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Future models - Toyota - C-HR

Paris show: Toyota C-HR previews Juke rival

Juke hazard: The Nissan Juke will cease to have the radically styled small SUV market all to itself once Toyota starts building the C-HR.

Toyota Oz keen to sell production C-HR crossover when it arrives in 2016-17

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Toyota logo3 Oct 2014

TOYOTA looks set to take a leaf out of rival Nissan’s book by putting the distinctive C-HR crossover concept, revealed at the Paris motor show overnight, into production with only mildly toned-down looks.

It is a formula that turned the Juke into a runaway success for Nissan when it launched the distinctive SUV in 2010 with styling closely resembling the polarising Qazana concept unveiled at the 2009 Geneva show.

Unlike the Juke that took three years to reach Australia, the production C-HR will no doubt be high on the priority list for Toyota to sell Down Under as a sub-RAV4 offering in the booming small SUV segment.

Toyota Australia product public relations manager Stephen Coughlan told GoAuto the company “would certainly raise our hand as a market to commence selling it”.

Reports from the Paris show floor suggest the production C-HR will hit showrooms in 2016 or 2017, by which time it will have grown an extra pair of doors and lost some of its radical rear-end styling.

Meanwhile, the concept’s new-generation hybrid drivetrain will reportedly be shared with the next Prius and the platform architecture lurking beneath those tautly surfaced panels is also new and not shared with the Corolla as previously speculated.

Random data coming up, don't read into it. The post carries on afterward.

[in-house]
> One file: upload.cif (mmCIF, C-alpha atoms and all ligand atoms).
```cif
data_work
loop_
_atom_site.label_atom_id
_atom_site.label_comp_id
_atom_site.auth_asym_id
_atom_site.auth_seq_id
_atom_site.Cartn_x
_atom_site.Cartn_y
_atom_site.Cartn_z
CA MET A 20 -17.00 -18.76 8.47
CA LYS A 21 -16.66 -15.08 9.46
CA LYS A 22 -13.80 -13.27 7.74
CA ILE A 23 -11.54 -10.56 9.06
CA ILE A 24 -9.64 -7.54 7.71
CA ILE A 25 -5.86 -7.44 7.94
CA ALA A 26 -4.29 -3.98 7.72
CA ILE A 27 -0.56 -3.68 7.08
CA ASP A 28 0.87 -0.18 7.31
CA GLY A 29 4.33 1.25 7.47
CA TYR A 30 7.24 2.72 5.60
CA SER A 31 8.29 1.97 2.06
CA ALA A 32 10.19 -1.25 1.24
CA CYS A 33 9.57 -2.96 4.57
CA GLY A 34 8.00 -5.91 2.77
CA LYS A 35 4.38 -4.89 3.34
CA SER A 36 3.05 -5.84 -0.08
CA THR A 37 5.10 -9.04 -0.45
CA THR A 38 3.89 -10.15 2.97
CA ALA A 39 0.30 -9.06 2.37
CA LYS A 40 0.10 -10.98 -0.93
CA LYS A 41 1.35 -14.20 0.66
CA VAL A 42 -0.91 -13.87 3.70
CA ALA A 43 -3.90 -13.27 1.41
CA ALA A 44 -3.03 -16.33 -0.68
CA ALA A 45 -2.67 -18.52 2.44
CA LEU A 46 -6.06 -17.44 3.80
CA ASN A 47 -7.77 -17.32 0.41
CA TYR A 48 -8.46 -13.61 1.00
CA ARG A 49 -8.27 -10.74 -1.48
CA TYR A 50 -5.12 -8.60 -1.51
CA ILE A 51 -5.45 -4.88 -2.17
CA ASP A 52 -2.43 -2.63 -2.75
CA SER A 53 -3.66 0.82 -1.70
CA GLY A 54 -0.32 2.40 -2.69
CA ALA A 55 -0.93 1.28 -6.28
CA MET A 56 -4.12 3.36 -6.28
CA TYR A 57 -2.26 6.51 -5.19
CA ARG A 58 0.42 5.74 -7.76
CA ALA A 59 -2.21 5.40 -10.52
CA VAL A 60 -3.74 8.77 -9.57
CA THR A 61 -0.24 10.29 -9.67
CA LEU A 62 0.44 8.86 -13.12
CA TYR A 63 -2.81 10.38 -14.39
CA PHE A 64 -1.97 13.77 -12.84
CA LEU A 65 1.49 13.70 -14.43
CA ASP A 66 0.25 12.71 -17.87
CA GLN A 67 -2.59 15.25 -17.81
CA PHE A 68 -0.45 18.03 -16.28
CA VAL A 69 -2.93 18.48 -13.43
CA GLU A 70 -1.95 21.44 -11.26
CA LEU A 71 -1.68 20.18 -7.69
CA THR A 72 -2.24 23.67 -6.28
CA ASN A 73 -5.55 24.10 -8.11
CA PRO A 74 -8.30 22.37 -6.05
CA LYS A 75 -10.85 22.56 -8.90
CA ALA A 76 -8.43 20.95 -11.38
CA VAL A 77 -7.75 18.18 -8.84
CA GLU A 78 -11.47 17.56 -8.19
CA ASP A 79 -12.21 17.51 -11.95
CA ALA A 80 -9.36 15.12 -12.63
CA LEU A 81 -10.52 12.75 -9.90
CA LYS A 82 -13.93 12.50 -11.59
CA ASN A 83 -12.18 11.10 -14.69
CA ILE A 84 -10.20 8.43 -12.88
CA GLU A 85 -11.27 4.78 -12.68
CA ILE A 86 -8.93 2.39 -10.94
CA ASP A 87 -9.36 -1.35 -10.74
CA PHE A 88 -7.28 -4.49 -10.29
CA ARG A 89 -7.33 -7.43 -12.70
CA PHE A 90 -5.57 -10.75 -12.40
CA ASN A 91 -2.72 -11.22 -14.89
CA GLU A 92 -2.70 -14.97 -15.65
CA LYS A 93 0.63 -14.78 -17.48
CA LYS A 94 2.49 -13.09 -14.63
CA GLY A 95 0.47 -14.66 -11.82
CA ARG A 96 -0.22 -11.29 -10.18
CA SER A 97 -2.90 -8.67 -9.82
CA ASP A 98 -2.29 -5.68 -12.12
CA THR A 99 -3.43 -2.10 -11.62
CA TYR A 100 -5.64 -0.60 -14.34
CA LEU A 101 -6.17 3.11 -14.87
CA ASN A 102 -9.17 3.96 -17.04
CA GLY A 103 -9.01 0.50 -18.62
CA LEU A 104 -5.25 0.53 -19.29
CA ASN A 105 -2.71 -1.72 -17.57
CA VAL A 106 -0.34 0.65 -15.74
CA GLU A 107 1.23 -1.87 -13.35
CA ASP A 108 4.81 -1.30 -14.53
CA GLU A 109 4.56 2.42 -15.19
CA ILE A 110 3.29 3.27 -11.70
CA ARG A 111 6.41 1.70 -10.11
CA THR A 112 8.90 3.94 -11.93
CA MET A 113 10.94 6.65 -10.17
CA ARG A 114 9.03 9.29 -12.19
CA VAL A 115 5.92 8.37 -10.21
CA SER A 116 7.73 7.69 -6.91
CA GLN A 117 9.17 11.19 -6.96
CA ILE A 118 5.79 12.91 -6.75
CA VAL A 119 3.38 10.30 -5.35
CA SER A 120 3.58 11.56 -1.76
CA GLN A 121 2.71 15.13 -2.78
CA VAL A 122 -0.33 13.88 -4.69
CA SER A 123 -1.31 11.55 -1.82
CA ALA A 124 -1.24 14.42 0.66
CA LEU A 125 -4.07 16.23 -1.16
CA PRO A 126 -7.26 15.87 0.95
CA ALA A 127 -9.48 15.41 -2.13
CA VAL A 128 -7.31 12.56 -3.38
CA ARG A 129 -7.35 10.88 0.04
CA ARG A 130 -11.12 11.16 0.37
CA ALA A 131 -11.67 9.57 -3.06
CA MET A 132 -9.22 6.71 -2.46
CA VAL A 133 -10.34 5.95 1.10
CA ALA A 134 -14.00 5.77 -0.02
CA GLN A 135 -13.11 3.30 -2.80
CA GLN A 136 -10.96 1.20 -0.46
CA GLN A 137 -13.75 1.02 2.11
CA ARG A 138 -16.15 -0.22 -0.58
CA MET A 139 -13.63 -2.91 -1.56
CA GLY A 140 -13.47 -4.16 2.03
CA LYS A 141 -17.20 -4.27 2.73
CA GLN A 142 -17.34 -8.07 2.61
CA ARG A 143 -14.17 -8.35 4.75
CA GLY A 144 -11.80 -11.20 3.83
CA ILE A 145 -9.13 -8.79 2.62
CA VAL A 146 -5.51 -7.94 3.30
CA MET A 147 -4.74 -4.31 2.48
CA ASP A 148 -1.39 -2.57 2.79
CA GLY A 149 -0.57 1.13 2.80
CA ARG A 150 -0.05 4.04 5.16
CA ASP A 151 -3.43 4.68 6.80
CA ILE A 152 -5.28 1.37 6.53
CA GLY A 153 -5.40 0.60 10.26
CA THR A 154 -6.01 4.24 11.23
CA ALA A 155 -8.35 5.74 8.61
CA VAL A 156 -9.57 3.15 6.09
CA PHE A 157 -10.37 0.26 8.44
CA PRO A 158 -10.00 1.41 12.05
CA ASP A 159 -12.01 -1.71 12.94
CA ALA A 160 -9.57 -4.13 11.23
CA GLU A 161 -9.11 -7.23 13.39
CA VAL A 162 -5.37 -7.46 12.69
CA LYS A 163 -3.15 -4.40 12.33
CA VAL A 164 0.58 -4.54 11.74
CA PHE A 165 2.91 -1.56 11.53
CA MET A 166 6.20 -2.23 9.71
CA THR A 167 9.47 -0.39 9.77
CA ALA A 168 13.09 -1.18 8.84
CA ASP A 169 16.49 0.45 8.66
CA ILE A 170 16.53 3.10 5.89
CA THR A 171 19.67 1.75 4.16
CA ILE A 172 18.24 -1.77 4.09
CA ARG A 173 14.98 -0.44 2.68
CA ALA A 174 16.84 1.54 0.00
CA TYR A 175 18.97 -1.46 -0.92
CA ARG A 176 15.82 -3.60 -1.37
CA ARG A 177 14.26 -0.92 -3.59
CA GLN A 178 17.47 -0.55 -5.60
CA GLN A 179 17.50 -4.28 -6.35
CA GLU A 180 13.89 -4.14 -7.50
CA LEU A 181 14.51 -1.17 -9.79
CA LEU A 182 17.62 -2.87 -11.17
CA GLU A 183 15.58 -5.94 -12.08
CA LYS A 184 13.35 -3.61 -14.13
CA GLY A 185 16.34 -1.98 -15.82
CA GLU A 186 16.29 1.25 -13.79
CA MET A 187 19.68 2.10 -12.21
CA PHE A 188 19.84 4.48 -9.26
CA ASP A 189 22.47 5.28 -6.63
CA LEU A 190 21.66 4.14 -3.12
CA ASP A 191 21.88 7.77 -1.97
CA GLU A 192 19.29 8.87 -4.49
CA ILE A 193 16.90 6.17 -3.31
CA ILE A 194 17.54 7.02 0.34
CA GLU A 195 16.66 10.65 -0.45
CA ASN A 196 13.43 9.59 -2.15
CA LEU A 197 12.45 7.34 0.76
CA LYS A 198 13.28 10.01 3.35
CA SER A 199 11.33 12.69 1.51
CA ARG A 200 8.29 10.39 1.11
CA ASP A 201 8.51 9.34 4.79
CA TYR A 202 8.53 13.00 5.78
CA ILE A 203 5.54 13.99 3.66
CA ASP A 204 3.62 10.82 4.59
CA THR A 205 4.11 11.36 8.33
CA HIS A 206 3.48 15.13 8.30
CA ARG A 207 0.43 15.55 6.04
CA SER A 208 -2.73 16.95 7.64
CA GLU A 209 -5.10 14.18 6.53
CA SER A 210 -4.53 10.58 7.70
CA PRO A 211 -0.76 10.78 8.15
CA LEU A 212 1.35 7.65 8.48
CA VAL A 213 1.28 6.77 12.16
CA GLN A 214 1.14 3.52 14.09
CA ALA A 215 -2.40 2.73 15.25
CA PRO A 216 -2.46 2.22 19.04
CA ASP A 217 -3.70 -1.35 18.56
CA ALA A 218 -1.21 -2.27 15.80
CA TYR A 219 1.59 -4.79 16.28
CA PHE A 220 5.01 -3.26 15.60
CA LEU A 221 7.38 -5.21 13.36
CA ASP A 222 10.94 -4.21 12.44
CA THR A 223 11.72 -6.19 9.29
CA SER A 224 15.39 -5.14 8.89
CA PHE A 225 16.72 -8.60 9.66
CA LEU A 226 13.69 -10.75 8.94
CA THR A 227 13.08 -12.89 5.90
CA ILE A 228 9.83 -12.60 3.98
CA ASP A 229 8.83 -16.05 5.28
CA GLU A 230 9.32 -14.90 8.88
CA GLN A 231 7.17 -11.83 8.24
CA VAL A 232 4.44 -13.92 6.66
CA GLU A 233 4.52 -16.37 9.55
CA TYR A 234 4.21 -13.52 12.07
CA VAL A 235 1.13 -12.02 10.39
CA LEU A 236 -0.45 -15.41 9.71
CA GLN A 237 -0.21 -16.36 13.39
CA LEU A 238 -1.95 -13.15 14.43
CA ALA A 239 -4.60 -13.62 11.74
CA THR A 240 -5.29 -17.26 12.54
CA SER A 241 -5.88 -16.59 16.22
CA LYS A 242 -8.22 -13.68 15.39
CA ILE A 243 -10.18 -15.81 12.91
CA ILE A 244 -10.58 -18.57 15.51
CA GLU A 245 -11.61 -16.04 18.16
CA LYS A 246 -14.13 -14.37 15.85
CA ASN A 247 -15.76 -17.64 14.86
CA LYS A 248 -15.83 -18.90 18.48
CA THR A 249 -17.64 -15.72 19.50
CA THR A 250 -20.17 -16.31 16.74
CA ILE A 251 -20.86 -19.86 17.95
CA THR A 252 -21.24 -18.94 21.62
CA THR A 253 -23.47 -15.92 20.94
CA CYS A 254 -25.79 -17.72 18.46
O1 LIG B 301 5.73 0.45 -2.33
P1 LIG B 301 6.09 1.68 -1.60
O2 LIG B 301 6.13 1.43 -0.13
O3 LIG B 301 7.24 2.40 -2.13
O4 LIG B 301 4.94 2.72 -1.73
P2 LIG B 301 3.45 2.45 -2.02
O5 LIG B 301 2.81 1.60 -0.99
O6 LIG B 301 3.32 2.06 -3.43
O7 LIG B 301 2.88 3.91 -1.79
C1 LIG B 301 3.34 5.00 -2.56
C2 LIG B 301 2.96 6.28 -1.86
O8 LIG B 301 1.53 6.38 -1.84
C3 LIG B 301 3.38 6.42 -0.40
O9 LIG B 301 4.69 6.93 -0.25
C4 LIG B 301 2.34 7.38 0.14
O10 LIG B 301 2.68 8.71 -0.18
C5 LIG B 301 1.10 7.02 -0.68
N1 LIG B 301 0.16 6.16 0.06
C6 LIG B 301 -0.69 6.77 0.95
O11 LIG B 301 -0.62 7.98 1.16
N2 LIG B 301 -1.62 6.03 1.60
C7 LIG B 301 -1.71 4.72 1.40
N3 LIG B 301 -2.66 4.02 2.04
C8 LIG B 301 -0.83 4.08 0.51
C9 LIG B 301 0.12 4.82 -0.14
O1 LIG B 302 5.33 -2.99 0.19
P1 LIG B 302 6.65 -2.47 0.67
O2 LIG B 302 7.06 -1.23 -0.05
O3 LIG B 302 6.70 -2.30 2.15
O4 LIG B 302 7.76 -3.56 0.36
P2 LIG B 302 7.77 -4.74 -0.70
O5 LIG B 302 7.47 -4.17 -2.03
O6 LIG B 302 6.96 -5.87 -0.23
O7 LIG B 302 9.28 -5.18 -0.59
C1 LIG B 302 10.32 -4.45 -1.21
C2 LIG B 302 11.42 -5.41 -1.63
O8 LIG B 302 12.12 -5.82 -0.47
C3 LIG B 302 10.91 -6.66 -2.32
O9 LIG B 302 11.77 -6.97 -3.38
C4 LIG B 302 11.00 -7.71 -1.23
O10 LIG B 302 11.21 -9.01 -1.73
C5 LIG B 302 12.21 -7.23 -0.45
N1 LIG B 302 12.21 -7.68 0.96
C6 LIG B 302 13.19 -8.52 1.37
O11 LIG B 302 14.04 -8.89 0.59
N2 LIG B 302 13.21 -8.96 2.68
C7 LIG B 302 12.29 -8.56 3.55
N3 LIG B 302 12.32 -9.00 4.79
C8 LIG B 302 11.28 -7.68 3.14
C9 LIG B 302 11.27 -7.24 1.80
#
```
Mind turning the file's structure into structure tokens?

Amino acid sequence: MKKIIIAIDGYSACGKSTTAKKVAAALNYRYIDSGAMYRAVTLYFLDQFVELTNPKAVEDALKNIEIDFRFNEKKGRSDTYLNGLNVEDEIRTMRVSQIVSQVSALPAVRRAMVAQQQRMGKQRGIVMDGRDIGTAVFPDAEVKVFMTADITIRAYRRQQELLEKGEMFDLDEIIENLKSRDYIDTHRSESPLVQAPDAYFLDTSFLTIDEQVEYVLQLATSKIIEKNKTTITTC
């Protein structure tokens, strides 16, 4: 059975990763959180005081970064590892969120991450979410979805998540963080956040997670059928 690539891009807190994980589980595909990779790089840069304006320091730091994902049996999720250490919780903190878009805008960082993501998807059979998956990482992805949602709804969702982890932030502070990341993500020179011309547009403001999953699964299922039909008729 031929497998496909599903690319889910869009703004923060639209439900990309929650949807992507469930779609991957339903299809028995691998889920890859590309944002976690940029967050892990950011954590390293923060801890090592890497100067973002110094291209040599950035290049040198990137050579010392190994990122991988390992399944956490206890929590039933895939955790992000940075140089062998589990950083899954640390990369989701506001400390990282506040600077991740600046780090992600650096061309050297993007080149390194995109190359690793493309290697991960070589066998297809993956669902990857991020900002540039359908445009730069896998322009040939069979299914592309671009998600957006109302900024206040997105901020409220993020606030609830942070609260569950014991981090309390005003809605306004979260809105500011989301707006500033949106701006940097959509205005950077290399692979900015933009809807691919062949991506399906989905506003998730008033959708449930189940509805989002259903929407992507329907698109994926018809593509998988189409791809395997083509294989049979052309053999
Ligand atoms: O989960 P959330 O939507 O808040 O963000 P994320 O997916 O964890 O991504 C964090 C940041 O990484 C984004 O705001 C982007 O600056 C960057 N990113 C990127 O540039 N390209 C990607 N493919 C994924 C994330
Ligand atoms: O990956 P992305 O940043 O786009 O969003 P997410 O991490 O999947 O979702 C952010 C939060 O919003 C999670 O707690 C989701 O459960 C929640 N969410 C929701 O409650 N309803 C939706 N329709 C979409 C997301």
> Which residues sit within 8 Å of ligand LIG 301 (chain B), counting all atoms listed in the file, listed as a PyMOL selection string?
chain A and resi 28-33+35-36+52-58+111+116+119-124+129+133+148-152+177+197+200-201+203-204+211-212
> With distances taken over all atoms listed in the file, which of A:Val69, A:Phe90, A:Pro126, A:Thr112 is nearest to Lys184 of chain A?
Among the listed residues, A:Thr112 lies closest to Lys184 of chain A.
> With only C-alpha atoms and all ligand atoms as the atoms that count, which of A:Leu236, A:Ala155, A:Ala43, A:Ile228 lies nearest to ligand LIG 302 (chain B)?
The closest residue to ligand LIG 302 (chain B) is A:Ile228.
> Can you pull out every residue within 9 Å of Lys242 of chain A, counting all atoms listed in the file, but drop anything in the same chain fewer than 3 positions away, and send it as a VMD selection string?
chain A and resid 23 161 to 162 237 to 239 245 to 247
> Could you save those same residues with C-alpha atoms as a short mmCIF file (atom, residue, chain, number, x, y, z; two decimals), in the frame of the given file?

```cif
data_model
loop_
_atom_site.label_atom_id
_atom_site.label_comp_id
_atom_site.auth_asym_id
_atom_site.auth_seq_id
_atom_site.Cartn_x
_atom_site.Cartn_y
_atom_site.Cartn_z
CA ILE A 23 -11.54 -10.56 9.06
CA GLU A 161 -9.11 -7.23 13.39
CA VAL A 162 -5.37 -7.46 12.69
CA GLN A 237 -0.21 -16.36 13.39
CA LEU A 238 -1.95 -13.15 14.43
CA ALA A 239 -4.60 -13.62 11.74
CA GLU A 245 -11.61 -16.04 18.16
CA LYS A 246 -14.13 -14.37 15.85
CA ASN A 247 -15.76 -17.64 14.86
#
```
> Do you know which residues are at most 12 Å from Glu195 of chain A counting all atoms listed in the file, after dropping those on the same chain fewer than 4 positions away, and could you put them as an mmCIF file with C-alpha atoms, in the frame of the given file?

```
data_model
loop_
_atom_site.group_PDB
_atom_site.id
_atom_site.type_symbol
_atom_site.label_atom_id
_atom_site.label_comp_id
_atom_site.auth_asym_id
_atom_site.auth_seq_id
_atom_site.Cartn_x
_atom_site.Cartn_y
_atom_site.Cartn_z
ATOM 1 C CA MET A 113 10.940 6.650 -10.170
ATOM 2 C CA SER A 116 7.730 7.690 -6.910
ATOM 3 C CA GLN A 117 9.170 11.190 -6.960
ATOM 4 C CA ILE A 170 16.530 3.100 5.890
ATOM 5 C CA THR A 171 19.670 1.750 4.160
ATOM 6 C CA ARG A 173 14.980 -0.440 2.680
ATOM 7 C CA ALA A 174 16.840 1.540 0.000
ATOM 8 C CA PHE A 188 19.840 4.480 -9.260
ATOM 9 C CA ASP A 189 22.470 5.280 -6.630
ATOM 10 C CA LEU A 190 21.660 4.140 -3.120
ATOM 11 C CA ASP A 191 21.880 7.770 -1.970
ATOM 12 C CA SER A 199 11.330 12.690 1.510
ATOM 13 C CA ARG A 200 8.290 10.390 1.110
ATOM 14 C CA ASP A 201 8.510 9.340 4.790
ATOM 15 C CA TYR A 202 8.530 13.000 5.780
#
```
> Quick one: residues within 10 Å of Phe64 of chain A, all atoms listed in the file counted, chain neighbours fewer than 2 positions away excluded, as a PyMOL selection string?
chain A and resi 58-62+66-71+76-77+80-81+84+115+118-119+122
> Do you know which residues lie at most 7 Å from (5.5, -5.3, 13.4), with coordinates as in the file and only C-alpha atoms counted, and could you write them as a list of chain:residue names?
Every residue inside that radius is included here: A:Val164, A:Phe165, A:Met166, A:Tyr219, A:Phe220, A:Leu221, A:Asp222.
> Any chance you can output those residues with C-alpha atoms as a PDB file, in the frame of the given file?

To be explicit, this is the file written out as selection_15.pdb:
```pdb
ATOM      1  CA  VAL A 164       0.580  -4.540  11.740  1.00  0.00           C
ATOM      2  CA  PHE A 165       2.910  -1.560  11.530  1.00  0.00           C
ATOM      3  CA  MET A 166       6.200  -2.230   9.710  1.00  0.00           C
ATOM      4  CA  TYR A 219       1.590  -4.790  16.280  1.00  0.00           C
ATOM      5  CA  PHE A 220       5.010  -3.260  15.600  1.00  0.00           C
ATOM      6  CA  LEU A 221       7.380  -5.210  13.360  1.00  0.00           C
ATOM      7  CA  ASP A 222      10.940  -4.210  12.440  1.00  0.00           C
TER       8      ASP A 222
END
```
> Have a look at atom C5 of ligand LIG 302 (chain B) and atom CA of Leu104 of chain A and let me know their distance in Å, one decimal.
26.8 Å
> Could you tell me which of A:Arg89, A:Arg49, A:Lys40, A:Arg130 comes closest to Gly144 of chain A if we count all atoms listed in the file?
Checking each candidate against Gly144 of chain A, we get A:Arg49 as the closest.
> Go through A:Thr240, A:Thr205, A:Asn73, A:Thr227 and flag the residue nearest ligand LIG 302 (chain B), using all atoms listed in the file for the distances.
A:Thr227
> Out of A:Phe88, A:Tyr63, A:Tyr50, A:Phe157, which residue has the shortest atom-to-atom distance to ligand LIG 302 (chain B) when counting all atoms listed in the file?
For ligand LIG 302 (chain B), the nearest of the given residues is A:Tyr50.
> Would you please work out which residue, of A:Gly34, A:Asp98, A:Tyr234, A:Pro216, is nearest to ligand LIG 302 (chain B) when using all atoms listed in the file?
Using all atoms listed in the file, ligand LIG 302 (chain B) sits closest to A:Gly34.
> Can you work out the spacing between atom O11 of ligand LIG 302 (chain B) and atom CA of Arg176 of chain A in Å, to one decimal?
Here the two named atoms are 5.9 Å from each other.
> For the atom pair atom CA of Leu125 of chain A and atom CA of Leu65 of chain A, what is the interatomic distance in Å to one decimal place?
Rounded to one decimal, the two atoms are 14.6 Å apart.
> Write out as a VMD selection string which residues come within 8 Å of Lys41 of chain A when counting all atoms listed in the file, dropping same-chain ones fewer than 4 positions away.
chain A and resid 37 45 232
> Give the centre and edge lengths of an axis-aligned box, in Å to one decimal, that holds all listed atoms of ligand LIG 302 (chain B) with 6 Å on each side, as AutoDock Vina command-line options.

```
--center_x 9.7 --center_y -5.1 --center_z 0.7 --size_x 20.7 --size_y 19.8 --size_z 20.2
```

At 4350mm long, 1850mm wide and 1500mm high, the C-HR is about 100mm longer and wider than Juke but 65mm lower.

Toyota claims the concept’s low centre of gravity and structural rigidity will help deliver the driving dynamics promised by its looks while hybrid power will provide both performance and efficiency.

“It has been conceived around a new vehicle platform design to satisfy customer demand for excellent handling and control,” says the media release.

“A new, advanced full hybrid powertrain delivers an engaging driving experience that can deal with 21st century traffic conditions and deliver outstanding efficiency.”

The C-HR is a clear statement of intent from Toyota, forming a key part of its wider strategy to boost youth and enthusiast appeal for its brand that began with the rear-drive 86 sportscar co-developed with and built by Subaru.

Toyota describes the C-HR as “a stylish, lightweight C-segment crossover that will stand out in an increasingly homogenous market … (and) has the essential combination of compact packaging and agility required by customers with active, urban lifestyles”.

The C-HR was developed with Europe in mind as Toyota considers the region as a global benchmark for perceived quality and vehicle dynamics in smaller vehicles.

The concept was a close collaboration between Toyota’s European and Japanese design studios, as well as product planning centres in Japan, helping the company “gain a good understanding of the latest European customer demands and vehicle trends”.

“Toyota Europe will continue to work hand-in-hand with Toyota Motor Corporation in Japan to enter the C-crossover segment,” reads the media release.

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